A shooter may object to the value of his or her shot by filing a score protest. If this is rejected, a two-point penalty will be applied immediately. The Classification Jury uses acknowledged procedures to resolve such protests.
The ISSF Rules provide for further fines or disqualifications. Cross-fired rounds are the most prevalent cause of penalties while failing to pass the pistol weight test and failure to pass the rifle clothing test are the most common causes of disqualification.
Appeals and protests in Shooting Sports
All shooting sports competitions, according to ISSF rules, have specified protest or appeal timeframes. Official results will not be released until all of these issues have been rectified.
Shooting Sports Uniform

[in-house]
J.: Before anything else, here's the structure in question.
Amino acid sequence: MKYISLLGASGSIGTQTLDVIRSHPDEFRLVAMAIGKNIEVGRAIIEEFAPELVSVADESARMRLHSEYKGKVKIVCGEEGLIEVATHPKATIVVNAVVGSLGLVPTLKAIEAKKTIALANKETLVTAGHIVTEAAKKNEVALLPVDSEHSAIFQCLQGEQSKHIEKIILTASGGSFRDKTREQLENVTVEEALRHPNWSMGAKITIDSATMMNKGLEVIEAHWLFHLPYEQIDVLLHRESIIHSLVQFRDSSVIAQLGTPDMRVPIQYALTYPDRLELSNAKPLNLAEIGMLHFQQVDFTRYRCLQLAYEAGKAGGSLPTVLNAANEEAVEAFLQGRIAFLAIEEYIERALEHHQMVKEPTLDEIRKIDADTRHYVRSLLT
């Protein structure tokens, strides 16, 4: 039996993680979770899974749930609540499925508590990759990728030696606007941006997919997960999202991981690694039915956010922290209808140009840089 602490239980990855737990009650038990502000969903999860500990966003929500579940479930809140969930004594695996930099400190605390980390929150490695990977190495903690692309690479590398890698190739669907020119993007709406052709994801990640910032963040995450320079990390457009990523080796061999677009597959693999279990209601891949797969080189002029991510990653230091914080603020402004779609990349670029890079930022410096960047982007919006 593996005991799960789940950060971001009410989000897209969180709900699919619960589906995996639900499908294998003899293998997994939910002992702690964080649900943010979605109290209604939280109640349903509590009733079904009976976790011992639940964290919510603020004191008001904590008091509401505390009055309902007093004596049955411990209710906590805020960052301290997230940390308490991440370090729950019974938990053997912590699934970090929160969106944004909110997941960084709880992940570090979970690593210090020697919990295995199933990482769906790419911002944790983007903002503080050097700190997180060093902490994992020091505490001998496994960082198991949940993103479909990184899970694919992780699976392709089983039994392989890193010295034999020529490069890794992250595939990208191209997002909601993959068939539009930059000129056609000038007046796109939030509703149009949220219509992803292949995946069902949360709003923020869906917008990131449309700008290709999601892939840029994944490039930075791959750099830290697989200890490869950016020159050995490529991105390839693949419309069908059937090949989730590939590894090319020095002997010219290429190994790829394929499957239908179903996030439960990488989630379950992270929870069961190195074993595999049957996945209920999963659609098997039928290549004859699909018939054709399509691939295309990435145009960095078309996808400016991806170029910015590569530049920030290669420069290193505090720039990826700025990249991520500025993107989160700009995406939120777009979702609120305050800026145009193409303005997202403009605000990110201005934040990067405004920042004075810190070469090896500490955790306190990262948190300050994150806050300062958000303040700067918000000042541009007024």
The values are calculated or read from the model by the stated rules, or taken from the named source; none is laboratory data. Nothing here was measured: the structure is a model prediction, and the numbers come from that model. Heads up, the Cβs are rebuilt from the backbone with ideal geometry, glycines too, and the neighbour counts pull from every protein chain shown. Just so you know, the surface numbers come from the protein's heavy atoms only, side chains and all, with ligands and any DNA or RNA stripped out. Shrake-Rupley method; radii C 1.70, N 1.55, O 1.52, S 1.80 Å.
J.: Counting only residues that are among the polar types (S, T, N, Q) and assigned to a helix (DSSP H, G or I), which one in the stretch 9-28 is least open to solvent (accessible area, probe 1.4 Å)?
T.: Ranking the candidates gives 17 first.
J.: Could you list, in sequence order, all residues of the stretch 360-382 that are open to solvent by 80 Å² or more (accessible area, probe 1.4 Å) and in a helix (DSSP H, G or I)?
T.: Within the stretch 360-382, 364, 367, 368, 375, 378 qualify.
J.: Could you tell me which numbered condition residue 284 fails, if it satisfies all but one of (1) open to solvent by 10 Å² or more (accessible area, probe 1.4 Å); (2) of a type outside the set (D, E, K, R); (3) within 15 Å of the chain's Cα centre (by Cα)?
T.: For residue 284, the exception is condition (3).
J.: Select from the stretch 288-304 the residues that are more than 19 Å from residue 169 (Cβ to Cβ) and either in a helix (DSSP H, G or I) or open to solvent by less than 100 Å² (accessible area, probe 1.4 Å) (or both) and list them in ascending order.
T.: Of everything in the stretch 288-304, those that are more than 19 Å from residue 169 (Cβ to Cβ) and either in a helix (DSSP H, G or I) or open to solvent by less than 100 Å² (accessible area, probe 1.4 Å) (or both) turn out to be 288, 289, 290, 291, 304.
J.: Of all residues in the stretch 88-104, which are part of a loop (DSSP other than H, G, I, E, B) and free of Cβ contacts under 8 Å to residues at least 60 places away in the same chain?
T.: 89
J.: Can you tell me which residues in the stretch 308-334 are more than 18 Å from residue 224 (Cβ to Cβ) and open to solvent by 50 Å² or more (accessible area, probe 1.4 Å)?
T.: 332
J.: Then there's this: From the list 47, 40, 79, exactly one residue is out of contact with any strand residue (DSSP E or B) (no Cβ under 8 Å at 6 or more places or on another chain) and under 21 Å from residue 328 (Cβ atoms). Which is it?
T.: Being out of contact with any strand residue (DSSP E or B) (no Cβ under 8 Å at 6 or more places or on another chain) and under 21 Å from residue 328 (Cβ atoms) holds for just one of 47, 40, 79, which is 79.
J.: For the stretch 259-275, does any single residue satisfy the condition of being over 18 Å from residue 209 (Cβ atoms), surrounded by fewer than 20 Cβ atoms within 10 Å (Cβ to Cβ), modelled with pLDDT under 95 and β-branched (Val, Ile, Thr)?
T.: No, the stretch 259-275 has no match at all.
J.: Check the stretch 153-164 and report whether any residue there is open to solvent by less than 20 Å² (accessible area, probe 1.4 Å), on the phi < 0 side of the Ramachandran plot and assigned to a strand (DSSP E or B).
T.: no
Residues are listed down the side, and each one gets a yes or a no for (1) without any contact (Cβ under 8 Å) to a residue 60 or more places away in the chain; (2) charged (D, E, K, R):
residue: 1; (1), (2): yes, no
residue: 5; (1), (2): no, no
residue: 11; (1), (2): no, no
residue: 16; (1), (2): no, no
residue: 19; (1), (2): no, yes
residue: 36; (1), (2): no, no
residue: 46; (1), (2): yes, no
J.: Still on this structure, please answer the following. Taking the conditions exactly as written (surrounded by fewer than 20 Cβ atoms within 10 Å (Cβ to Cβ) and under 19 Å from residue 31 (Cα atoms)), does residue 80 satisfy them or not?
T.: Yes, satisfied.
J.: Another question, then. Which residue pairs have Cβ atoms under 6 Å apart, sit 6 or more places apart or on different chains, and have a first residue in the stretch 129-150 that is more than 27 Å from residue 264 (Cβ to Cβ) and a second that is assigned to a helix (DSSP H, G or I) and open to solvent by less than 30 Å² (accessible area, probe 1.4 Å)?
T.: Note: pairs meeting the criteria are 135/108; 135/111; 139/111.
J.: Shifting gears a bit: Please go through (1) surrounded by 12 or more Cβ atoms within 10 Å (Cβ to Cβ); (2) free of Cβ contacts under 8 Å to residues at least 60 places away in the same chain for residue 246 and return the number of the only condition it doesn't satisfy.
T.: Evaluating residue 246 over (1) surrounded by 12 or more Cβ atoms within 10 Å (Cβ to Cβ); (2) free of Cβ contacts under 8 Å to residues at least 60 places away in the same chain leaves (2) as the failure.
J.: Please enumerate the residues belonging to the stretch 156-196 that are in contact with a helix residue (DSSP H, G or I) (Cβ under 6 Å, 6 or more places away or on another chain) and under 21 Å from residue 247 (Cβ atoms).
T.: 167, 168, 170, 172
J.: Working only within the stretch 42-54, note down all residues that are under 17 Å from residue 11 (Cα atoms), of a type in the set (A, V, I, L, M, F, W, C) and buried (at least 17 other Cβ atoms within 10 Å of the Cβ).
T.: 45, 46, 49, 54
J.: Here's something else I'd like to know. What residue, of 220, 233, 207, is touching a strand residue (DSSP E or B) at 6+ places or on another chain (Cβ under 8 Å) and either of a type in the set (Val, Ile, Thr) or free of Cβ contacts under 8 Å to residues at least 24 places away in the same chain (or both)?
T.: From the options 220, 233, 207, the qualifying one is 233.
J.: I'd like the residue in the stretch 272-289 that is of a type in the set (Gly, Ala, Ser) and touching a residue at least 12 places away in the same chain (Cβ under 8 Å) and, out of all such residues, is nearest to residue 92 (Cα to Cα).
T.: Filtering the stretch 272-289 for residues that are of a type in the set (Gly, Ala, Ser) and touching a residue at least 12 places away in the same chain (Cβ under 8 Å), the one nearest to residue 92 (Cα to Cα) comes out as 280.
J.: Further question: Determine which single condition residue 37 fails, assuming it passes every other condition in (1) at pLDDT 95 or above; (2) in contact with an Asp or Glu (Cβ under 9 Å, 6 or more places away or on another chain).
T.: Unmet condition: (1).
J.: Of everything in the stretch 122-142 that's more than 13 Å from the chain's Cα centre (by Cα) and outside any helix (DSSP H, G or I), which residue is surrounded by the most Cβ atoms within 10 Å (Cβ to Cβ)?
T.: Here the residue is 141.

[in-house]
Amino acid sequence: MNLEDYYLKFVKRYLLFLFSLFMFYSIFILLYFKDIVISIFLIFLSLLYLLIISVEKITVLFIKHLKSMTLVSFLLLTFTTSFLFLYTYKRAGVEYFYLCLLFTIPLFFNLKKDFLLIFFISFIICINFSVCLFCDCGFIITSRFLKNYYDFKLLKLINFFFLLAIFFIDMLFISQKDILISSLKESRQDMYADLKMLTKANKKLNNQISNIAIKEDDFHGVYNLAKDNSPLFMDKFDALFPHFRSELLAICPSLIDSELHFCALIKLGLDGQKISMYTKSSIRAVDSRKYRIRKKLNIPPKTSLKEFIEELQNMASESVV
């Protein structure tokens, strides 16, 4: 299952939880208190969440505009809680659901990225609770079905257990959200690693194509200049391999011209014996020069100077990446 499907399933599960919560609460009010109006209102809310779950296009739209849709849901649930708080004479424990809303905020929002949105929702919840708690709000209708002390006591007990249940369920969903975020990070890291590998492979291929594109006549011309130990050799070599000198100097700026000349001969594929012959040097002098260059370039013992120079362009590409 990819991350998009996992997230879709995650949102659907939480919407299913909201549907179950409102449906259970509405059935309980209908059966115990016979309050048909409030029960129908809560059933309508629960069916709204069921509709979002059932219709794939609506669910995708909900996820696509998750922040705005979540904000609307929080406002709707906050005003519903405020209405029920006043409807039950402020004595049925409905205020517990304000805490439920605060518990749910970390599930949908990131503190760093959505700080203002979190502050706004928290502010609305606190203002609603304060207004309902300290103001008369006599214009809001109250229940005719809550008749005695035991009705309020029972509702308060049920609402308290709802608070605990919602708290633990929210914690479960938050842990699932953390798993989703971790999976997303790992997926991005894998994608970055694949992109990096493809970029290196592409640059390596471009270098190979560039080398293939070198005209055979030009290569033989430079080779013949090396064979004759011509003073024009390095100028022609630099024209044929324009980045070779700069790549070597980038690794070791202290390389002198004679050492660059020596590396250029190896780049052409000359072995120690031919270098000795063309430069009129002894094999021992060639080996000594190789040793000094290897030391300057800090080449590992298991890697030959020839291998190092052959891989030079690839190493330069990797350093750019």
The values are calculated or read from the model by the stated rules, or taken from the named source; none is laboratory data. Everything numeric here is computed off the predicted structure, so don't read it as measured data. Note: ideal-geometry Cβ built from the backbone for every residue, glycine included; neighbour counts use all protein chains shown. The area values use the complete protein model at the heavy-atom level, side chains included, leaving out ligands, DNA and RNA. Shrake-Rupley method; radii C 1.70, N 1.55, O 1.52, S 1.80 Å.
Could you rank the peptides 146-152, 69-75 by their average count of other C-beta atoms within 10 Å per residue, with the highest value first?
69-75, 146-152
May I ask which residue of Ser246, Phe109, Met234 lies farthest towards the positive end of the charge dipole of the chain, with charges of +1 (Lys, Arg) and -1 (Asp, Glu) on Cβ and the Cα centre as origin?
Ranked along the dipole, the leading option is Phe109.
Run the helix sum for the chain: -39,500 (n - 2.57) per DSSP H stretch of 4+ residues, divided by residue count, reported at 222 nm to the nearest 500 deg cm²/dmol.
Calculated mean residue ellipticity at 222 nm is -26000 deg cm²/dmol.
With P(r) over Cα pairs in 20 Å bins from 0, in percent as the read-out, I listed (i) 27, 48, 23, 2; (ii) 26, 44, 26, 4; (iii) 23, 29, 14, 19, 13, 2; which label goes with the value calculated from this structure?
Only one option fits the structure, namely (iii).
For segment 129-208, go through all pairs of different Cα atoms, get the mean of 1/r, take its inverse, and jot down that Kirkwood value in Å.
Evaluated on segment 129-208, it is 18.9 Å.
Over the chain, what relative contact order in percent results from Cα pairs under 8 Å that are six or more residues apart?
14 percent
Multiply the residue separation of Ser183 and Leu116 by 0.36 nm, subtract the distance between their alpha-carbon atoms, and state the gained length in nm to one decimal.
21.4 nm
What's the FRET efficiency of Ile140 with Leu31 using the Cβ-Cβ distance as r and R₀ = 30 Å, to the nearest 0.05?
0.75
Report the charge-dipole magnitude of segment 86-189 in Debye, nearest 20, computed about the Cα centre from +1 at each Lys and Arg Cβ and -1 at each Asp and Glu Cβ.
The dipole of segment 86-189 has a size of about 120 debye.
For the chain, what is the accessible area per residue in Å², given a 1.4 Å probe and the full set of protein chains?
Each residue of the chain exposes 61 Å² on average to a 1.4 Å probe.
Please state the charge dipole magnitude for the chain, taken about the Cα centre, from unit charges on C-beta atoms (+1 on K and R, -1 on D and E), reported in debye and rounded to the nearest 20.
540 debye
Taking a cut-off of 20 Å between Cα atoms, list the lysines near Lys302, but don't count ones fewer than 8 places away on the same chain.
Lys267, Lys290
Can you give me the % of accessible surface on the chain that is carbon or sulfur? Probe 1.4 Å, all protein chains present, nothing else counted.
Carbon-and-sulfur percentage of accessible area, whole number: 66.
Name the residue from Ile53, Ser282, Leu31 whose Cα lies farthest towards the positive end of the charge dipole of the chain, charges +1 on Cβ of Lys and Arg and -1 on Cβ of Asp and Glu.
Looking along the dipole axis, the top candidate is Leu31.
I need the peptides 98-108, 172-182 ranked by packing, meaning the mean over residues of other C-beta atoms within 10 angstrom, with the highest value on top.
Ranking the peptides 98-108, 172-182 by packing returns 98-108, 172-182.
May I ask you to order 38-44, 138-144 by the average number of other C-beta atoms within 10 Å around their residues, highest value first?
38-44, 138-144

To improve the athletes’ attention on the target, shooters wear a combination of cushioned trousers and jackets. The International Shooting Sport Federation (ISSF) allows competitors to wear knee and elbow pads to reduce sourness in the kneeling and prone positions during competition. The permitted jacket also has a thicker amount of padding over the shoulder, which is where the gun’s stock sits. The additional cushioning is intended to reduce recoil’s impact on the shooter. Shooters are also permitted to use blinders, which reduce peripheral vision and increase an athlete’s focus.
Athletes fire at targets on the wall in rifle shooting events, which take place on a shooting range. The target is made up of 10 concentric circles, with point values increasing as the shot gets closer to the center.
Types of Shooting Sports Guns
Shots are fired from a standing posture in the 10m air rifle event, which is available to both men and women. Each participant shoots 60 bullets in the qualifying rounds, with the top eight aggregate scores advancing to the final. The elimination method of the final round is used, with the lowest-scoring competitors being removed as the tournament proceeds. This implies that just two competitors will compete for the gold medal in the final shots.